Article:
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GESS -- a New chess/go variant

Gess was invented by the Puzzles and Games Ring of the Archimedeans Mathematics Society, which is the mathematical society of Cambridge University (UK). The rules were first published, together with a sample game, by Paul Bolchover in Eureka, Vol. 53, the periodical of the Archimedeans.

In his Mathematical Recreations column in Scientific American, November 1994, Ian Stewart wrote about the game.

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Played on a the squares of an 18x18 grid of a Go board using standard Go stones.

Here is the starting setup:

Note that the squares at the border of the board may not be occupied by stones: they can be omitted from the board, and only help to establish 3 by 3 areas (see below). Thus, effectively, the board is not 20 by 20, but 18 by 18 squares.

There are two players, black and white, each having 43 stones of his or her own color. They take turns to move, with black starting.

Each turn a player moves a 'piece' -- but a piece is defined as all the stones of that player's color contained with ANY 3x3 area that has NO stones belonging to the opposing player. For example, in the starting setup, black could move the 'piece' at qrs567 which contains a single stone at r7. Instead of that, black could move the piece at pqr678 -- and although this piece contains the exact same stone as qrs567 it is a different piece and moves differently. The center of the piece can be anywhere on the 18x18 grid of squares on the board -- this means that if the center of a piece is on the edge or corner of the board, part of the piece extends virtually beyond the boundaries of the go board.

The way a piece moves is elegantly simple.

The 3x3 group of stones moves as a unit. How it moves is defined by the stones themselves. If there is a stone in the center, the piece can move any unobstructed distance. If the center is empty, the piece can move up to three squares. Each stone on the perimeter of a piece allows the piece to move in that direction.

Here's a diagram of a piece:


If there is a stone at 'C', the piece can move any distance -- if not, it may move up to 3 squares only. If there is a stone at 'NW' the piece may move northwest. If there is a stone at 'N' the piece may move north, etc. The piece is a little map that tells you exactly how far and what direction it can move.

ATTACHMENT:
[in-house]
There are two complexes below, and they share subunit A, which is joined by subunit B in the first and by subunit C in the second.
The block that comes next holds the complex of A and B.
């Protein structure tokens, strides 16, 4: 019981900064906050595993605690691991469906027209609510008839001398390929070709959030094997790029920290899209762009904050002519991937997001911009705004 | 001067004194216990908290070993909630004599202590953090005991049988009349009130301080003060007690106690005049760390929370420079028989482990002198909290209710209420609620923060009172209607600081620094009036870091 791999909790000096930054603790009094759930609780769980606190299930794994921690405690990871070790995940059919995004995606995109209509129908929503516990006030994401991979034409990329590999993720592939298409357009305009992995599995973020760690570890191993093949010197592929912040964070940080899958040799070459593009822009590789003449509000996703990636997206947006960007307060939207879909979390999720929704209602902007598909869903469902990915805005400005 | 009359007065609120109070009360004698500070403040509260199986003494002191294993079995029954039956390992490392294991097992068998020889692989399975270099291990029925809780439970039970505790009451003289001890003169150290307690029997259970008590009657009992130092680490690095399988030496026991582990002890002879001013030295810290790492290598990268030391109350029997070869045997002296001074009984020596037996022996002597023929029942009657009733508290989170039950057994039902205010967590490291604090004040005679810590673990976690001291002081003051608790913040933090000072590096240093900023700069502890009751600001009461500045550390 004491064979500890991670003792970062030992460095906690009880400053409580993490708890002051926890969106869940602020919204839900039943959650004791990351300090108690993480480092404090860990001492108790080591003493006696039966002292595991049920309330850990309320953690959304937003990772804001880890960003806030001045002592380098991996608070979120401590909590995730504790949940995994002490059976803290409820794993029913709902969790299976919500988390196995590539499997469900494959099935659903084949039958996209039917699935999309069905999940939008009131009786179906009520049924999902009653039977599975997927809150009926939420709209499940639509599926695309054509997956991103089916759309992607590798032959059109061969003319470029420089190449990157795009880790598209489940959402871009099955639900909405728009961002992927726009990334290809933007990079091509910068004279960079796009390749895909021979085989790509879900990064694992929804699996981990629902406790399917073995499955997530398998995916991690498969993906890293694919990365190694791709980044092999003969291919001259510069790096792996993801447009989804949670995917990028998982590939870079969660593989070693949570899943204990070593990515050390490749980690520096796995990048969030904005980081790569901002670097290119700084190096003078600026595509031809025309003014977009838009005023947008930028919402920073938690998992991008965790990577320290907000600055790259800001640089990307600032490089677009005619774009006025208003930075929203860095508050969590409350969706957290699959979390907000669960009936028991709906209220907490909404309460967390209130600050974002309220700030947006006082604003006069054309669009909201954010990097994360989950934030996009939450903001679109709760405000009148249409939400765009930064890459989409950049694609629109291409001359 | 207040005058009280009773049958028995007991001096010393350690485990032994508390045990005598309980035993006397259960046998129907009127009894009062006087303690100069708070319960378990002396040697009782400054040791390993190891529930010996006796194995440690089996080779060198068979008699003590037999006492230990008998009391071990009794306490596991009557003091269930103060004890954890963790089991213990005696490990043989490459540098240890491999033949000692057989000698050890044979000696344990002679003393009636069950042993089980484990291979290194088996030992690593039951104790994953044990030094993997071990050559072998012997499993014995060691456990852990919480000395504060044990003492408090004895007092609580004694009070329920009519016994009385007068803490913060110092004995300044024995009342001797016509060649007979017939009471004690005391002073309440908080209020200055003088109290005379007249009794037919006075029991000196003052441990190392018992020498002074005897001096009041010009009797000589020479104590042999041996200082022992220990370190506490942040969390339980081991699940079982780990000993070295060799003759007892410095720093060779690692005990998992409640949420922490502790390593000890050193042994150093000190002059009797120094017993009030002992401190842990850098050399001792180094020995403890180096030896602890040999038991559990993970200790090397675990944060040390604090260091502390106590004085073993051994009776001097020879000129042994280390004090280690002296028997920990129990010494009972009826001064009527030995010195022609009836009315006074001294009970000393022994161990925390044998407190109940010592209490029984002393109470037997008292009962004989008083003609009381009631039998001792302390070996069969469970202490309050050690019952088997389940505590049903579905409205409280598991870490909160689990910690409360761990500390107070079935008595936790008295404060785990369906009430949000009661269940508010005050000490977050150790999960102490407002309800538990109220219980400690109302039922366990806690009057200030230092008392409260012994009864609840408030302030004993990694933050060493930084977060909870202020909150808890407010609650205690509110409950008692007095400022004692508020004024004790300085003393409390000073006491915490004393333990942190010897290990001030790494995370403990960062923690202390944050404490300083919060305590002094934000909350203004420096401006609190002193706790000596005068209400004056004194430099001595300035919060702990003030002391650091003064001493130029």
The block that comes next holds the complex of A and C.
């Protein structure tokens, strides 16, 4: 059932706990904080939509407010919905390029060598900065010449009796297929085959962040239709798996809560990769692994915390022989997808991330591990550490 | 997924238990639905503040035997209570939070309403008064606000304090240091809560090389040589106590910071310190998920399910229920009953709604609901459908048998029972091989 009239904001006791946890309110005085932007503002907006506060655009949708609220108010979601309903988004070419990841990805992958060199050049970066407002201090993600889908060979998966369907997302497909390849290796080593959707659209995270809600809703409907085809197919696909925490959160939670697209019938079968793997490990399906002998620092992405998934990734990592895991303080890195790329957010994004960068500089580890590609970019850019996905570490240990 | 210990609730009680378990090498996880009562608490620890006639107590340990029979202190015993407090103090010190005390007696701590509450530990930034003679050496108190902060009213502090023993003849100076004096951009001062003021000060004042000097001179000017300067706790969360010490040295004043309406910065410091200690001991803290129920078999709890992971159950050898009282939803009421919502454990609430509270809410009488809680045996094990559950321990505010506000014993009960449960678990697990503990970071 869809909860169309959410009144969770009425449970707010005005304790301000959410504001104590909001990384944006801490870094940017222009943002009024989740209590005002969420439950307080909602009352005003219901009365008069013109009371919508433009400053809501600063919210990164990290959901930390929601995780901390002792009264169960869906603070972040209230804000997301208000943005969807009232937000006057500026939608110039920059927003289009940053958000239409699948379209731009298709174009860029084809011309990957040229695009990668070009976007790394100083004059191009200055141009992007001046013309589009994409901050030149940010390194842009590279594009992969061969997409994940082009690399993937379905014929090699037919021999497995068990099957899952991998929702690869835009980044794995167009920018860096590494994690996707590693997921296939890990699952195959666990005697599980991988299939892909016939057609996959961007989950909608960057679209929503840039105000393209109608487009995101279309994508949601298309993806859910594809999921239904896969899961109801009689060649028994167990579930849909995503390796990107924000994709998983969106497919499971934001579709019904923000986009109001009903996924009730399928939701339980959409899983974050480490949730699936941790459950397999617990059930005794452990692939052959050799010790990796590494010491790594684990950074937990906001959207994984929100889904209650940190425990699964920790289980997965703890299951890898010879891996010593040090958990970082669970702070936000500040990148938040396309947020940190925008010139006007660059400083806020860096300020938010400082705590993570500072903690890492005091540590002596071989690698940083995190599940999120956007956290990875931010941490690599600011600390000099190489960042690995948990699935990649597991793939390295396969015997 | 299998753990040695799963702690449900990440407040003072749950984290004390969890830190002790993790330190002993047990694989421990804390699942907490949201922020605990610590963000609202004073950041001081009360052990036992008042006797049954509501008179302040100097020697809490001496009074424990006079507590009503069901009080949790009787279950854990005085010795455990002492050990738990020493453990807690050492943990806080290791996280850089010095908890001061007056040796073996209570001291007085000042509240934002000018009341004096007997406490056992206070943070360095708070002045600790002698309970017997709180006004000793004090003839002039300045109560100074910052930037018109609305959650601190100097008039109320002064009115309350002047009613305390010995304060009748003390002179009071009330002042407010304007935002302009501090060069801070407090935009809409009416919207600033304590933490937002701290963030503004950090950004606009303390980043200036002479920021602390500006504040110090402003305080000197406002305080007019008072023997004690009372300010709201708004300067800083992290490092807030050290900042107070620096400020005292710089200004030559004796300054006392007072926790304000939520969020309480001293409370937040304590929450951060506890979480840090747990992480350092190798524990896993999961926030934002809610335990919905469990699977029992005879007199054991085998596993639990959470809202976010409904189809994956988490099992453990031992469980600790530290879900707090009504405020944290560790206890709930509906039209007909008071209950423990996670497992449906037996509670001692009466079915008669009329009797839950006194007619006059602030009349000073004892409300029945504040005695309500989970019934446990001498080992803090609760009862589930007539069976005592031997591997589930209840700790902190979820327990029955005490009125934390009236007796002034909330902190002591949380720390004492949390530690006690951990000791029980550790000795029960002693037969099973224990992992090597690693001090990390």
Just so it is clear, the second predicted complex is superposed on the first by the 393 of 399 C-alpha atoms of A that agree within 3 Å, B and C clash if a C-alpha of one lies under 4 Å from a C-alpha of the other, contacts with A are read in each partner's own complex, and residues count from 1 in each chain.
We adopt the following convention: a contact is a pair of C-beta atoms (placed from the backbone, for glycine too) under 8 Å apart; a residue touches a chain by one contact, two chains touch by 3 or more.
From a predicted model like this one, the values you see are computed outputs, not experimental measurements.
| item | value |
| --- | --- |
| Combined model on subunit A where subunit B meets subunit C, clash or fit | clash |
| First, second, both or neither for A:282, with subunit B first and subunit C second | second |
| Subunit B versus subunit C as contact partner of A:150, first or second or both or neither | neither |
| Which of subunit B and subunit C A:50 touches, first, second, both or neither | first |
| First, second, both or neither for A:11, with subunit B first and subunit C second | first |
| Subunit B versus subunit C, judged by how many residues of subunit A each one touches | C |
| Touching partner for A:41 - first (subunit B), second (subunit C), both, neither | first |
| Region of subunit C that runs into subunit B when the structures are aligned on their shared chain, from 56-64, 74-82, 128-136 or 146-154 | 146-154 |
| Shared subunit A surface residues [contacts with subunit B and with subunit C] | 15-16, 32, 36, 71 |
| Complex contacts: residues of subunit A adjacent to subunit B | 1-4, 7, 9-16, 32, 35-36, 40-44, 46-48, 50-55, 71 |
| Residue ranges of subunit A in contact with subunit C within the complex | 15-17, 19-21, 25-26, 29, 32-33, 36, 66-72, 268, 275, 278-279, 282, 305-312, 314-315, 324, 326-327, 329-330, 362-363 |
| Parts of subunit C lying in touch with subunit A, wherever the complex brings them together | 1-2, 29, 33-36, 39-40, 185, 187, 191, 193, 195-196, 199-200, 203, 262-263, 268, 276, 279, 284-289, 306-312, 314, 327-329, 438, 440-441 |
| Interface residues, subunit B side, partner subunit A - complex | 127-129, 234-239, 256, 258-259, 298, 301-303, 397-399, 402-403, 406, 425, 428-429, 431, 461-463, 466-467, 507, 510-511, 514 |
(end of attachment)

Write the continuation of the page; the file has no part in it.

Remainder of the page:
This 'piece' can move any unobstructed distance diagonally or east.

This is not a piece because there are stones of both colors in it.

This 'piece' can move east, south or northeast 1, 2 or 3 squares.

This 'piece' may move forward (north) only and may only move 1-3 squares

The footprint of a piece is the entire 3x3 region that it occupies. When you move the piece, as soon as the footprint overlaps any other stones of either color, the movement stops and all the stones that were overlapped are removed permanently from the game. It is perfectly legal to capture some of your own stones this way. Capturing is alway optional -- a move can always stop short of capturing. A piece may move partially beyond the edge of the board -- if so, all stones that are beyond the physical board are eliminated.

The squares on the grid are numbered from 2 to 19 vertically and lettered from b to s horizontally. Remember, pieces can go off the board, so there are 'invisible' rows 1 and 20 and columns a and t as well. A piece is referred to by the coordinates of its central square. The piece g5 covers the squares f4, f5, f6, g4, g5, g6, h4, h5, h6.

The object is to capture your opponent's last 'ring'. A ring is exactly that -- a ring of eight stones around an empty center. Each player begins the game with one ring, (White at klm 17-19 and Black at klm 2-4) but may form more if possible.

Here are some example moves:

White to move. In this diagram, white would like to attack the black ring at the left.

If white moves 'k7' as far to the southwest as possible, black stone at h5 stops its movement and this is the result:

  1. k7-i5 (captures a black stone at h5)

But White instead can win with o3-f3:

  1. o3-f3 (captures black stones at f3 and f4, destroying the black ring and winning the game.)

Edward Jackman
Version without graphics
Edward Jackman ((email removed contact us for address) posted this on April 19, 1995 on, and send me a copy of it. He obtained permission of the Archemedean Mathematics Society for the reproduction of the article from Eureka. I added html commands to Edwards text, and changed part of the introduction reflecting the origins of the game, and made the grafics. Peter Benie informed me about the Archemedians and their publication of Gess. Antonio Ramirez informed me about an error in the opening position, (which I have now corrected.)
WWW page created: 1995 or 1996. Last modified: March 16, 1999.